New guidelines outline how to diagnose anxiety in children as waitlists for mental health support grow

Before the pandemic, the incidence and prevalence of mental health disorders were relatively low.Ben Goode/Getty Images/iStockphoto

The Canadian Pediatric Society on Thursday released new guidelines for diagnosing and treating anxiety disorders in children and adolescents.

The guidelines, set out in two documents, are the organization’s first to specifically address anxiety disorders, which are among the most common mental illnesses affecting Canadian children and adolescents.

“We hoped that by developing these guidelines, we could help healthcare providers and caregivers start conversations and know where to find resources for next steps,” said Susan Bobbitt, Saskatoon Developmental Pediatrician and lead author, adding Add Mental health care is an important part of pediatric health care.

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Early detection and treatment of anxiety disorders is critical to avoiding more serious problems later in life, said Dr. Bobbitt. However, the demand for child and adolescent mental health services in the country far exceeds the care that doctors and other professionals can provide.

The Pediatric Society found that psychotherapy and education programs offered by accredited providers, such as clinical psychologists and social workers, are often only accessible to families who are privately insured or otherwise able to pay for them. Most Canadian children and adolescents are unable to receive timely, high-quality initial treatment for anxiety disorders, it said.

A 2020 Children’s Mental Health Ontario report found that children under the age of 18 in that province waited up to 2.5 years for mental health treatment, and the time and number of young patients waiting had peaked. Similar wait times are likely to occur across the country, said Dr. Bobbitt.

Data available so far during the pandemic gives an incomplete picture of the current situation. According to the Canadian Institute for Health Information (CIHI), the number of hospital admissions and emergency room visits for children and adolescents (5 to 24 years) with mental disorders decreased slightly in the first year. However, when viewed as a proportion of hospitalizations for all conditions in this age group, the percentage increased from 21 percent in 2019 to 23 percent in 2020.

“That really says demand is pretty stable,” said Tracy Johnson, director of health system analytics at CIHI. Despite an overall decline in hospital admissions, “we still admitted these children more than other conditions.”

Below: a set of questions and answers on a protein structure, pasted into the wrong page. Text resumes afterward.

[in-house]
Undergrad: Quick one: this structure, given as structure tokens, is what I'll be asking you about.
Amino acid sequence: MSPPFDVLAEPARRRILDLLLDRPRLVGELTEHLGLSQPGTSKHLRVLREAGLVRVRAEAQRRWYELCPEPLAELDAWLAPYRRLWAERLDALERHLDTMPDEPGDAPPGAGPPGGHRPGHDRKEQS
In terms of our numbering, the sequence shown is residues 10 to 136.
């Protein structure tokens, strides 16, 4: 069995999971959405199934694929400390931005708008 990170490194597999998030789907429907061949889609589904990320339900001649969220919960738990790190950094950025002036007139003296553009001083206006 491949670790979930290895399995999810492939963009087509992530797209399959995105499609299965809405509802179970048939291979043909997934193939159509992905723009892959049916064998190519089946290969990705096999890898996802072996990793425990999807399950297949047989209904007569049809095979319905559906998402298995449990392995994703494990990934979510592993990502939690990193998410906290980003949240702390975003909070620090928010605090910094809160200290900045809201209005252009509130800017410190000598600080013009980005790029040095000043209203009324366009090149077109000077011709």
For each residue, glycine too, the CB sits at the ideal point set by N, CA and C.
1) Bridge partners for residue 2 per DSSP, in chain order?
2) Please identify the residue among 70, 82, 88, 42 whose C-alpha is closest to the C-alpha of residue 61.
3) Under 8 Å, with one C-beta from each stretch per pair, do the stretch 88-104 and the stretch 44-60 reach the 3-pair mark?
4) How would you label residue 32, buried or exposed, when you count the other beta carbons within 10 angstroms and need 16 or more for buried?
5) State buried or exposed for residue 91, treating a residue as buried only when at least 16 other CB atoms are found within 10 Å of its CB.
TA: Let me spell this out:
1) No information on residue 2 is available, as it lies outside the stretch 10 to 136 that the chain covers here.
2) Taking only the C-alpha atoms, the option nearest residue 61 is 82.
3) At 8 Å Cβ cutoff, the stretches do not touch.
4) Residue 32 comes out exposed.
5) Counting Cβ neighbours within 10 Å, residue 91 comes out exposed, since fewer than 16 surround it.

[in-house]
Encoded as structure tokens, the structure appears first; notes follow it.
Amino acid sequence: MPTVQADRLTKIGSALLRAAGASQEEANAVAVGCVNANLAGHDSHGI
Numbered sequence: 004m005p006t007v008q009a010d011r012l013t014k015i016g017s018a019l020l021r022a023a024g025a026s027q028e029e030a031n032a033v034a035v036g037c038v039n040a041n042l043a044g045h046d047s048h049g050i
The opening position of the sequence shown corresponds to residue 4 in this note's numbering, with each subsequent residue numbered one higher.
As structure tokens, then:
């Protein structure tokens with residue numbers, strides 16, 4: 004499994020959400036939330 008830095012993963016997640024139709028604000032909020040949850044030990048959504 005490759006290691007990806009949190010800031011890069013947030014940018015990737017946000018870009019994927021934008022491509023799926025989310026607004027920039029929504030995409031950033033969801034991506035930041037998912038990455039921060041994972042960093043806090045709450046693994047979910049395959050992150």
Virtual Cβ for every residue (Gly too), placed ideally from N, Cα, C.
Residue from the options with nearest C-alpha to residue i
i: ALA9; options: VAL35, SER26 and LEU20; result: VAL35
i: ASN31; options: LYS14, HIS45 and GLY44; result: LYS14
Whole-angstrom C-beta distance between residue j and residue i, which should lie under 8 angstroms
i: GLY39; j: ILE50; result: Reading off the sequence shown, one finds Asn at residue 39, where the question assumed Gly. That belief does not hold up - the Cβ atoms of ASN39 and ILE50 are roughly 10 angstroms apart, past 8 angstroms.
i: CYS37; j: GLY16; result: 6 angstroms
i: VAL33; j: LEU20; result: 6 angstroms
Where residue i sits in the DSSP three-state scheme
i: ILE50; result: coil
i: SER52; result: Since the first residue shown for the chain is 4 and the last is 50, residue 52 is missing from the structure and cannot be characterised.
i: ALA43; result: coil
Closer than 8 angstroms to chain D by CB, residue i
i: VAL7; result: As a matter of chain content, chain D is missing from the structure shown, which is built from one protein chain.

Before the pandemic, the incidence (or rate at which a diagnosis is made) and prevalence (the number of children already living with an illness) of mental health disorders were relatively low, Ms Johnson said. However, from around 2017 until the onset of the pandemic, hospital admissions for mental illness and drug use among children and adolescents increased each year, suggesting that these patients are not receiving adequate care in the community, she added.

Although the reasons are unclear, the decline in hospital admissions that CIHI saw in the first year of the pandemic could be partially explained by improvements in some children’s mental health as they were not exposed to stressors associated with peer interactions, said Ms . suggested Johnson. Additional resources, such as expanding online mental health services, could also be a factor, she said.

It remains to be seen whether hospitalizations for mental illness will return to pre-pandemic levels and whether the incidence and prevalence of anxiety disorders in children has changed after personal healthcare has resumed and school and social activities are fully allowed.

While the Canadian Pediatric Society’s new guidelines won’t necessarily improve access to mental health services, they do outline concrete steps doctors and caregivers can take to help children manage their anxiety, said Dr. Bobbitt. This includes, for example, tips for parents on how to help children and young people to recognize their feelings and to strengthen positive routines such as shared meals, regular sleep and exercise.

They also outline a step-by-step approach to maintaining, by Psychotherapy as first-line treatment for patients with mild to moderate symptoms to medication for patients with moderate or more severe symptoms.

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